We are leading experts in mass, pressure, density and volume measurements. We have the capabilities to perform high-accuracy calibration of reference weights and pressure measuring instruments, and carry out measurements of the density and volumes of solid objects and liquids. We do this by using state-of-the-art mass comparators and balances, pressure balances, deadweight testers, differential pressure generators, barometers, densitometers and hydrostatic weighing, supported by ongoing research in methods and analysis. We can also provide advice on the measurement of other mass-related quantities, such as flow, force, torque and hardness.
Our main focus is on building a unique Kibble balance based on a twin pressure balance, which offers to be a relatively cost-effective way to disseminate the kilogram following the redefinition. Other mass research includes: improved methods and analysis of mass comparison, stability of mass artefacts following cleaning of surfaces, and automatic weighing systems. We’re interested in pressure balance elastic distortion and generation of small absolute and differential pressures. In density measurements, we focus on the development of electronic densitometers, calibration and reference liquids.
1 C M Sutton, M T Clarkson and Yin Hsien Fung, “The MSL Kibble balance weighing mode”, summary paper submitted to CPEM 2018.
2 M Stock, S Davidson, H Fang, M Milton, E de Mirandés, P Richard and C Sutton”, Maintaining and disseminating the kilogram following its redefinition”, Metrologia 54 (2017) S99.
3 C M Sutton, M T Clarkson and W M Kissling, “The feasibility of a watt balance based on twin pressure balances”, CPEM 2016 Conf. Digest., Ottawa, Canada, July 10 - 15, 2016.
4 M T Clarkson, C M Sutton and R Mason, “An apparatus for accurate measurement of the temperature dependence of permanent magnetization”, Measurement Science & Technology 25 (2014) 085902, published 8 July 2014.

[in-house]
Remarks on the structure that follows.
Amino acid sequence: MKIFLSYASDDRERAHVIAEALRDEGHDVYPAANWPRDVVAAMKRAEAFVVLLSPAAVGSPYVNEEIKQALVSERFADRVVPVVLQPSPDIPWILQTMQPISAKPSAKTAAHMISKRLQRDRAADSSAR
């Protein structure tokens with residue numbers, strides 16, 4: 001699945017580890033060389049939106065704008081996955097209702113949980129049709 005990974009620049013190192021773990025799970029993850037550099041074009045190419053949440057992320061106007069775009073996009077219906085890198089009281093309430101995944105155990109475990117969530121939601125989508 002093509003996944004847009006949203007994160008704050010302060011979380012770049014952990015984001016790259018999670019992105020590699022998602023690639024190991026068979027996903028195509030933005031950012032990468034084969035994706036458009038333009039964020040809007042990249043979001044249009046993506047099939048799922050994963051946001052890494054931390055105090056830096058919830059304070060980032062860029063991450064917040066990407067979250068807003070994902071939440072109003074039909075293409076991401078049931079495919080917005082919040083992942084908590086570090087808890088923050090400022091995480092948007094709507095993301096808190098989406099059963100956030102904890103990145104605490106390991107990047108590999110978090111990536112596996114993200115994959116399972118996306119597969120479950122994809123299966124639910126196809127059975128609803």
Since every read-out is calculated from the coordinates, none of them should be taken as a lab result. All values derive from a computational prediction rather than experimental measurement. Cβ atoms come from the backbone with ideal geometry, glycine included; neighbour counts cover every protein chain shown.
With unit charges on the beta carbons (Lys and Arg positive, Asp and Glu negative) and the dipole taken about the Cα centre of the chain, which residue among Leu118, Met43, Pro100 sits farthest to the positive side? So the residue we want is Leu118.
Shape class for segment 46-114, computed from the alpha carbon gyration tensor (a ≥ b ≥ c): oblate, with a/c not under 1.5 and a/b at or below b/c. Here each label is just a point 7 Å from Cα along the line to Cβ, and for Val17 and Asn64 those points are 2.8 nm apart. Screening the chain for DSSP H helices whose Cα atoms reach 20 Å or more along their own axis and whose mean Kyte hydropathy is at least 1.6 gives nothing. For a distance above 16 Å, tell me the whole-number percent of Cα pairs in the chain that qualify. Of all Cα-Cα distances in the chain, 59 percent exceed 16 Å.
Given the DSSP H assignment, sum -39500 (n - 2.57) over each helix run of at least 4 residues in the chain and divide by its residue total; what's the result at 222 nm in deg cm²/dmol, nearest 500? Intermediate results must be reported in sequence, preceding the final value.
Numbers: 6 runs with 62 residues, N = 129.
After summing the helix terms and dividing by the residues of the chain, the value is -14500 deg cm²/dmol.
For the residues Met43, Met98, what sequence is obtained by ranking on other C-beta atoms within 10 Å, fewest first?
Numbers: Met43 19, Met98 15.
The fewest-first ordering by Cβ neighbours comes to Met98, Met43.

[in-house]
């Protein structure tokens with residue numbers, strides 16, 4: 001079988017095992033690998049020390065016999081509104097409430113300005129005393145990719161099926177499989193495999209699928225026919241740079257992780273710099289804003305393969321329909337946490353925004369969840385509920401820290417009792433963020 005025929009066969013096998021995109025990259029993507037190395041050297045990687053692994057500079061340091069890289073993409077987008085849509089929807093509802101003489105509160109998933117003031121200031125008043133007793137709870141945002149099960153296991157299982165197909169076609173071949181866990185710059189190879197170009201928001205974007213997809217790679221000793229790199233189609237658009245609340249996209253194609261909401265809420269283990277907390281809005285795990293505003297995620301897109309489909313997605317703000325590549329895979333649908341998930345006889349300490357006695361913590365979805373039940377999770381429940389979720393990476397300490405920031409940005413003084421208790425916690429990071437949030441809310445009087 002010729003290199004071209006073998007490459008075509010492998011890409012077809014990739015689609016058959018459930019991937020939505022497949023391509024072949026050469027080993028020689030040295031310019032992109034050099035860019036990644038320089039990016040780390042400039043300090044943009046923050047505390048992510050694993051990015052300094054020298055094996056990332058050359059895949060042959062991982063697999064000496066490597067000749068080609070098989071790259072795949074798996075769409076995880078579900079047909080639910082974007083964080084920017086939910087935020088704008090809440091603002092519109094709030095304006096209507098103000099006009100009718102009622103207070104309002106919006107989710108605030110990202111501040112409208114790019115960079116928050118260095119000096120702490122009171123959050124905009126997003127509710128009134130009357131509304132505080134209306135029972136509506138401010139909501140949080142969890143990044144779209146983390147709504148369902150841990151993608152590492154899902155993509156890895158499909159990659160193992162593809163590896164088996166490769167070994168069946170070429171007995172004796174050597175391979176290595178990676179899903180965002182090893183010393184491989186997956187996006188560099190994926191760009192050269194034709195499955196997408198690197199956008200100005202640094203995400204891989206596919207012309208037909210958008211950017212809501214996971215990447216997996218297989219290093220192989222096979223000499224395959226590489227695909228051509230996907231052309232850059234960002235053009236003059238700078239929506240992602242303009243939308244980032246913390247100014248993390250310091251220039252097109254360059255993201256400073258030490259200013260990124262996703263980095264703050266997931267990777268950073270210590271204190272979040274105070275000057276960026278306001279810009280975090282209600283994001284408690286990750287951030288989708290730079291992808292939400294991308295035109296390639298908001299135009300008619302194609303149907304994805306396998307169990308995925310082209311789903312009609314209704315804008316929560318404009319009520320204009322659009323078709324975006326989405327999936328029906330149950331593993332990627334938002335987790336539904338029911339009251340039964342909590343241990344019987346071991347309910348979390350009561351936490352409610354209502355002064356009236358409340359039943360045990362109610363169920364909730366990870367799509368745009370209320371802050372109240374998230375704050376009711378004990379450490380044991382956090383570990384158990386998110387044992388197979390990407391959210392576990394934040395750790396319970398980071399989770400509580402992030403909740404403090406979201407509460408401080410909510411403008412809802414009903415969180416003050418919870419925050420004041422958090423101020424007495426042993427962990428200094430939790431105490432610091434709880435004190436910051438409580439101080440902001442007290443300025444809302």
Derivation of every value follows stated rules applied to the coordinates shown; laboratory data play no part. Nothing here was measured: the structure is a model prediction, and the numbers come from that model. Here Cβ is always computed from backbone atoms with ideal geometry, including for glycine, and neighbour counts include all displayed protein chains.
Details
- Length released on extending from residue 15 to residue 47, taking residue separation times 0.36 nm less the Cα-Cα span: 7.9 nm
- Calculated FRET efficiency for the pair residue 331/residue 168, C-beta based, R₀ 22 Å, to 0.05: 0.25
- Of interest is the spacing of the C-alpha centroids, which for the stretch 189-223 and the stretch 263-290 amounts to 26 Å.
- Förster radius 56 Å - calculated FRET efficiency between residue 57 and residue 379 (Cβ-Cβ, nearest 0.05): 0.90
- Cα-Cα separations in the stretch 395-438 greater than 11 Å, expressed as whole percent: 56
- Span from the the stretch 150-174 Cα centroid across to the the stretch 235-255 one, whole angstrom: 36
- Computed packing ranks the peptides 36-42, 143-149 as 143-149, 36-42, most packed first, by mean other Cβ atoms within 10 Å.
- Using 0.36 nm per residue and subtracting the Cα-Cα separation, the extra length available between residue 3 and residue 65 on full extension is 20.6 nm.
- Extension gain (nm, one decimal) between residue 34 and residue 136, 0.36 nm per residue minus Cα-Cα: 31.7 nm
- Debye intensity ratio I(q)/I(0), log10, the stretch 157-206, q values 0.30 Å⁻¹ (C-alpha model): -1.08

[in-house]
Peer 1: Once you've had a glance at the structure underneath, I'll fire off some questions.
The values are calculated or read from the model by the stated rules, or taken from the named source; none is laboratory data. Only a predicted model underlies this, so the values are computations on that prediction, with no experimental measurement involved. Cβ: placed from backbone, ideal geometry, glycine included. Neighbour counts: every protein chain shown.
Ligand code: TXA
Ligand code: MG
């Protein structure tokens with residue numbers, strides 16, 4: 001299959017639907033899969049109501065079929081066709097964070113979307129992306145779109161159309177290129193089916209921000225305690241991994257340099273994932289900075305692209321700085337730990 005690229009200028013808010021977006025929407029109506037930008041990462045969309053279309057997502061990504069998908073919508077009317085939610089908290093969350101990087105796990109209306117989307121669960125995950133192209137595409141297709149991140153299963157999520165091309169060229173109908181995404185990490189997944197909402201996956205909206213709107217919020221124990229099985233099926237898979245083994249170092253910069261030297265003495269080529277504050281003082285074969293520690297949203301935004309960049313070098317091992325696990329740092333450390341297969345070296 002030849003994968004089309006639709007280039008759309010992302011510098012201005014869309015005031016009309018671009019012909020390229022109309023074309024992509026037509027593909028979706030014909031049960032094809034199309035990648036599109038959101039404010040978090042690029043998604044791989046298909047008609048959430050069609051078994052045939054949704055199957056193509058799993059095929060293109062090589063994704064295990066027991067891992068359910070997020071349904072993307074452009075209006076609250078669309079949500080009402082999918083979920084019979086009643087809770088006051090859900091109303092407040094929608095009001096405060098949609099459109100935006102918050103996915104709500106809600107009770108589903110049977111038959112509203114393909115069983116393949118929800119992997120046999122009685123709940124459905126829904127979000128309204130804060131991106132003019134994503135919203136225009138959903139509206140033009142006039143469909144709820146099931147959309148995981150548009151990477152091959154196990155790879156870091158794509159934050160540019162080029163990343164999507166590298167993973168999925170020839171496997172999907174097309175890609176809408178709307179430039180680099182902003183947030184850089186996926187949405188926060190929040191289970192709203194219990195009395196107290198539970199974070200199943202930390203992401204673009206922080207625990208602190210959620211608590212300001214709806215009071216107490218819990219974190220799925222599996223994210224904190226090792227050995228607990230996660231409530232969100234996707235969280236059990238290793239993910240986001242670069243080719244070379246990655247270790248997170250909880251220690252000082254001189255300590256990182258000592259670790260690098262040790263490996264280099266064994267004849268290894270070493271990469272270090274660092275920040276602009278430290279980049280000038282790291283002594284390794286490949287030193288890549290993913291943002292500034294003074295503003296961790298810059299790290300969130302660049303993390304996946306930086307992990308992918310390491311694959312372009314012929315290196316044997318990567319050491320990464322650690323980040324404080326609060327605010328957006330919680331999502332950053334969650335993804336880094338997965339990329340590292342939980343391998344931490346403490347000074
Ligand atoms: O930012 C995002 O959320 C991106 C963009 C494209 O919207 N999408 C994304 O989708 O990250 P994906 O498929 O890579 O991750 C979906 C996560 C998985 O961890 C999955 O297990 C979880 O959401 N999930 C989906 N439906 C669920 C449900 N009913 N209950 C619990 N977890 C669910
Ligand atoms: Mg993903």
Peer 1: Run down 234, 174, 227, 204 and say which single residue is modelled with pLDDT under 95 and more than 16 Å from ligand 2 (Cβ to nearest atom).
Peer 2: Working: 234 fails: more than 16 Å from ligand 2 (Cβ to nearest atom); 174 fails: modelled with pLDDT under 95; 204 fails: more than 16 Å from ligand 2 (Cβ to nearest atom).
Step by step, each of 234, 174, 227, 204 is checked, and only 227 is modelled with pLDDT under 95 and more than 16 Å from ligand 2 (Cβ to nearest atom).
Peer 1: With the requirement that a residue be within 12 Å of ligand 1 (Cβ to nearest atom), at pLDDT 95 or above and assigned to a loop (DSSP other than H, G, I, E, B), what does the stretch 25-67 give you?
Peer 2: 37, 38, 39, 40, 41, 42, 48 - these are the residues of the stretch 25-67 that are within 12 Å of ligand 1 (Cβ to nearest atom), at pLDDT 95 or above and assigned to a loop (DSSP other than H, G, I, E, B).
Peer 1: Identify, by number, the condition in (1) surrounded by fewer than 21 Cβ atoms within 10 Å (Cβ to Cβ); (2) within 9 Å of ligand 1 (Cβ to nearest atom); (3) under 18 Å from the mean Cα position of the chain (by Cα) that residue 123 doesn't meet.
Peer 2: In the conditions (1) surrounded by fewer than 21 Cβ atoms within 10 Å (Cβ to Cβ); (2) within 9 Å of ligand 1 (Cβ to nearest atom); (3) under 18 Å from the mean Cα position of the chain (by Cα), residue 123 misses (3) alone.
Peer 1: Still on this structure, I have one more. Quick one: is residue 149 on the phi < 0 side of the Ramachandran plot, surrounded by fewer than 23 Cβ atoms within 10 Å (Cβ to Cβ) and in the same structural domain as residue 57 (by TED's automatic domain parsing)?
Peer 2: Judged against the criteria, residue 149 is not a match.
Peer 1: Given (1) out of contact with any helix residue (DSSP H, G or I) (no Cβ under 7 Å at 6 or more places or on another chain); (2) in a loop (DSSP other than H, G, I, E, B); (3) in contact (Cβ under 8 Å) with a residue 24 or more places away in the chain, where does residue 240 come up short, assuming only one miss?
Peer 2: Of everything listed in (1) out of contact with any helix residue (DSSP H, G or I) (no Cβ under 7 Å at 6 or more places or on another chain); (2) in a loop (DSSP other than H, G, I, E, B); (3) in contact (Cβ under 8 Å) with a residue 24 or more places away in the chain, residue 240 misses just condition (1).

5 C M Sutton and M T Clarkson, “A magnet system for the MSL watt balance”, Metrologia 51 (2014) S101-S106, published 31 March 2014.
6 C M Sutton, “Progress with MSL’s watt balance - and differences from other watt balances”, presented to the APMP TCM Technical Workshop, Taipei, Chinese Taipei, 25 - 26 November 2013.
7 C M Sutton, M P Fitzgerald and K Carnegie, “Improving the Performance of the Force Comparator in a Watt Balance based on Pressure Balances”, CPEM 2012 Conf. Digest., Washington DC, USA, pp.468-469, July 1-6, 2012.
8 K. Jones, L. A. Christian and C. M. Sutton, “Coil Correction for Oscillatory Calibration of a Watt Balance”, CPEM 2012 Conf. Digest., Washington DC, USA, pp. 330-331, July 1-6, 2012.
9 L A Christian, T J Stewart and C M Sutton, “Investigation of ac voltage measurement requirements for an oscillatory dynamic mode version of the watt balance”, CPEM 2010 Conf. Digest., Daejeon, Korea, pp.151-152, June 13-18, 2010.
10 C M Sutton, M P Fitzgerald and D G Jack, “The concept of a pressure balance based watt balance”, CPEM 2010 Conf. Digest., Daejeon, Korea, pp.131-132, June 13-18, 2010.
11 C M Sutton, “An oscillatory dynamic mode for a watt balance”, Metrologia46 (2009) 467-472.
12 C M Sutton, “On Watt Balance Design for a Non-Artefact Kilogram”, Proceedings of Asia-Pacific Symposium on Mass, Force and Torque (APMF 2007), Oct 24 – 25, 2007.